Life Magazine, April 29, 1957.

Released in 1958, Thunder Road was one of several movies of the time to feature fast driving.

Even Norman Rockwell celebrated hot rod culture in his illustration for a 1950 edition of the Saturday Evening Post.

Through magazines such as Hot Rod, rodders stayed aware of automotive trends from across the nation. This 1961 magazine featured a car from Southwest Virginia.

In the late-1940s and ‘50s, the popular media—especially magazines, movies, and pop music—“discovered” the growing car scene. A number of publications such as Speed Age (1947), Rod and Custom (1953), and Car Speed & Style (1957) were geared specifically toward the men who were customizing and/or racing cars. Largely centered on California car culture, Hot Rod (1948) became the premier hot rod magazine. Through these publications auto enthusiasts stayed up to date with design trends and mechanical innovations across the nation. In 1951 a customized 1950 Ford convertible from Covington became the first Southwest Virginia car to be pictured in a national hot rod magazine.

While magazines gave auto fans ideas about car building, movies and television shaped the public image of the racing hot rodder. Devil on Wheels (1947) was the first movie to feature hot rods, and a host of films quickly followed. Six car-related movies were made in 1958 alone, including the classic Thunder Road. The hot rodder’s life was often pictured as restless and dangerous. Not surprisingly, the hot rodder’s girlfriend usually came across the screen as a young woman bound for trouble.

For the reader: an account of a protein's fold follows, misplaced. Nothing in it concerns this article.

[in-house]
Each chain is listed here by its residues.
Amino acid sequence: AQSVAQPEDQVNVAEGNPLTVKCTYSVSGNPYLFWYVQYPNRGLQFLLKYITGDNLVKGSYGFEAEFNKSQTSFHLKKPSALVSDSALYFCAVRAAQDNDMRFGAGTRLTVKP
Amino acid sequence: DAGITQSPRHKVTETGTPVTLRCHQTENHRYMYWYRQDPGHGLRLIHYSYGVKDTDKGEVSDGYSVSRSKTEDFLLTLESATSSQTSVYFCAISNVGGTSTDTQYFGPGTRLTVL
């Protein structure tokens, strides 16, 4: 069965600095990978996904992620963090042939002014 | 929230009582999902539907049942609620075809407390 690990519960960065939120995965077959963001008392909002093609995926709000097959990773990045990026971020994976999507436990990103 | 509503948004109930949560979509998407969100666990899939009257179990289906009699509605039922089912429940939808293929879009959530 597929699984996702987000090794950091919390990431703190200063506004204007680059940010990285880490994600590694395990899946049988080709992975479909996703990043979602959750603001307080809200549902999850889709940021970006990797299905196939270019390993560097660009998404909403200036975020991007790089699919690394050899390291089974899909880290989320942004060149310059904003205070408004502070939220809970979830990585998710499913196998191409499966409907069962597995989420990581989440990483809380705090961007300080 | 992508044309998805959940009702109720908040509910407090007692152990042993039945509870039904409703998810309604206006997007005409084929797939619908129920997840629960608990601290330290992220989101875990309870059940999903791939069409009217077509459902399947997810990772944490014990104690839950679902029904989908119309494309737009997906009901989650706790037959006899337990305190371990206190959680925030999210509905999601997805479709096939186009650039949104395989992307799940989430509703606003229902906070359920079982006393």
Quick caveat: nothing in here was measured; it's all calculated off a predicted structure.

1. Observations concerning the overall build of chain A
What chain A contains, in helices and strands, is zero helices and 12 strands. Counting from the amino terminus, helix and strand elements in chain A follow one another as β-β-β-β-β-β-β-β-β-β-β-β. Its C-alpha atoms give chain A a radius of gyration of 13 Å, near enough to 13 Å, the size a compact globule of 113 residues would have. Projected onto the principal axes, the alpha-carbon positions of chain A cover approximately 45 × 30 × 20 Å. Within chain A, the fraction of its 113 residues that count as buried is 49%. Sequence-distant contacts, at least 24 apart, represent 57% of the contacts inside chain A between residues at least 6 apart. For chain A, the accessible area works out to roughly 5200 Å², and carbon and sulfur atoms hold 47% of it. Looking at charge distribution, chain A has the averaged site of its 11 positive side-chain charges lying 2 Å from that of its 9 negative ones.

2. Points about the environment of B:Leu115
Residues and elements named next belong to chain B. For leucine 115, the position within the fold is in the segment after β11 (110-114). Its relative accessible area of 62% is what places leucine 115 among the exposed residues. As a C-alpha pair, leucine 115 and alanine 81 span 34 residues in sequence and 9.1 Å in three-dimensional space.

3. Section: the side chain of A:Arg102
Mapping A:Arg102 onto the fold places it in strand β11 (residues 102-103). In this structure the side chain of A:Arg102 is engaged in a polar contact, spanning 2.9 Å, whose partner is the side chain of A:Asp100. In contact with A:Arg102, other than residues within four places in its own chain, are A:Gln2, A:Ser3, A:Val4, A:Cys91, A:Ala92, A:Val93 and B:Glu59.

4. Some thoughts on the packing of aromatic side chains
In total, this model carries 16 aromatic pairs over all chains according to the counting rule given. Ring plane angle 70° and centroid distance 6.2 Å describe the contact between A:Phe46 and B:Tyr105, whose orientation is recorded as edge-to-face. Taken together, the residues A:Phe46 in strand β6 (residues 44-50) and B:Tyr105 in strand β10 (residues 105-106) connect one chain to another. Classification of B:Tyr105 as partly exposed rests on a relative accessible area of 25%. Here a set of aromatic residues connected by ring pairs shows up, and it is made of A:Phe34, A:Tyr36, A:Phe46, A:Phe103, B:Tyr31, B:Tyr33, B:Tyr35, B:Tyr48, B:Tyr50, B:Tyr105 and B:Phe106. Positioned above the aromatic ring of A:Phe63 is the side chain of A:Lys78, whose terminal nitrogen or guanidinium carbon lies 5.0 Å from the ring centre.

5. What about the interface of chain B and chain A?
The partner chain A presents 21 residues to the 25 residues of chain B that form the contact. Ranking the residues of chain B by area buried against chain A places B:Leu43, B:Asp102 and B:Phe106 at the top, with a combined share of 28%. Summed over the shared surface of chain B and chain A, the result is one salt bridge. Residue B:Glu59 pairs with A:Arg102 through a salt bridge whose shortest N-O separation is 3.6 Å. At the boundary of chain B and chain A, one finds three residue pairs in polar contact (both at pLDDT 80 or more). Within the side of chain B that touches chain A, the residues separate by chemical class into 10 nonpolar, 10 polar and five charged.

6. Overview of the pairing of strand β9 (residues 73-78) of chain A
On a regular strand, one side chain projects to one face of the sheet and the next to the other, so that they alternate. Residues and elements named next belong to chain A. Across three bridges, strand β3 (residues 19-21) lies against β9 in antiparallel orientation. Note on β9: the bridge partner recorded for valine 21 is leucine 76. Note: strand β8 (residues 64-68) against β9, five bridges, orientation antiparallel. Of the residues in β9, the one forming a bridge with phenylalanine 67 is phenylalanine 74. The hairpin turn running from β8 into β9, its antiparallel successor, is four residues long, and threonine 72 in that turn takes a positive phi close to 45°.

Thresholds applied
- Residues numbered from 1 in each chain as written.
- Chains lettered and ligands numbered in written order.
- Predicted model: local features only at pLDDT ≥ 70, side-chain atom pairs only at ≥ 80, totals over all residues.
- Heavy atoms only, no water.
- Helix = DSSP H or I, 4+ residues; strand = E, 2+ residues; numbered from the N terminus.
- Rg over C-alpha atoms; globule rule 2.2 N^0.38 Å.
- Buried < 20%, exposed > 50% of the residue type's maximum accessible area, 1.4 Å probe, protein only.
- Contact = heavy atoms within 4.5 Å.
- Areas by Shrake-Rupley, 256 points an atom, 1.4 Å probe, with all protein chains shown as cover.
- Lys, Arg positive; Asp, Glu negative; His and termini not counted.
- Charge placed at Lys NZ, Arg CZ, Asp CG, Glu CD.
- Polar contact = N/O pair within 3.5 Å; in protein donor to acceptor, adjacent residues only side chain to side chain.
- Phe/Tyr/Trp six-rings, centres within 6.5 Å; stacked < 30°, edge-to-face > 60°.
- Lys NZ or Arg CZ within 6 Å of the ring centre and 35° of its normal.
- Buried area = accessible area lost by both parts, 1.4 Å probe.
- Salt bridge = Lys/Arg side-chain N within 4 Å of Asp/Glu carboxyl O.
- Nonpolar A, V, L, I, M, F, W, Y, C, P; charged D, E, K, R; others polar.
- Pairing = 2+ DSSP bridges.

Racing and car culture were also highlighted in other popular media in the 1950s and ‘60s. In television scripts auto enthusiasts were sometimes featured as support characters, the most famous being the hair-combing “Kookie” Burns on the detective show 77 Sunset Strip. Magazines such as Life, The Saturday Evening Post, and Sports Illustrated included front-cover articles on hot rods and drag racing.

The Beach Boys reached #7 on the music charts in 1963 with their single
Little Deuce Coupe.


Speed was immortalized in songs ranging from country and western’s “Cadillac Boogie” (1946) and rhythm and blues’ “Rocket 88” (1951) to rock and roll’s “Maybelline” (1955) and top-forty’s “Dead Man’s Curve” (1964). (The nation’s first automotive racing song may actually have been “The Chevrolet Six” recorded by Frank Hutchison of West Virginia in 1929; Hutchison’s song tells the story of a moonshiner who outruns the police with a powerful Chevrolet.) The success of car songs came from thousands of record-buying teenagers who did not even own hot rods or street machines but who identified in some way with the culture of speed.        

Chapter 5 » Car Clubs


Acknowledgements | Ferrum College and the Blue Ridge Institute & Museum | Contact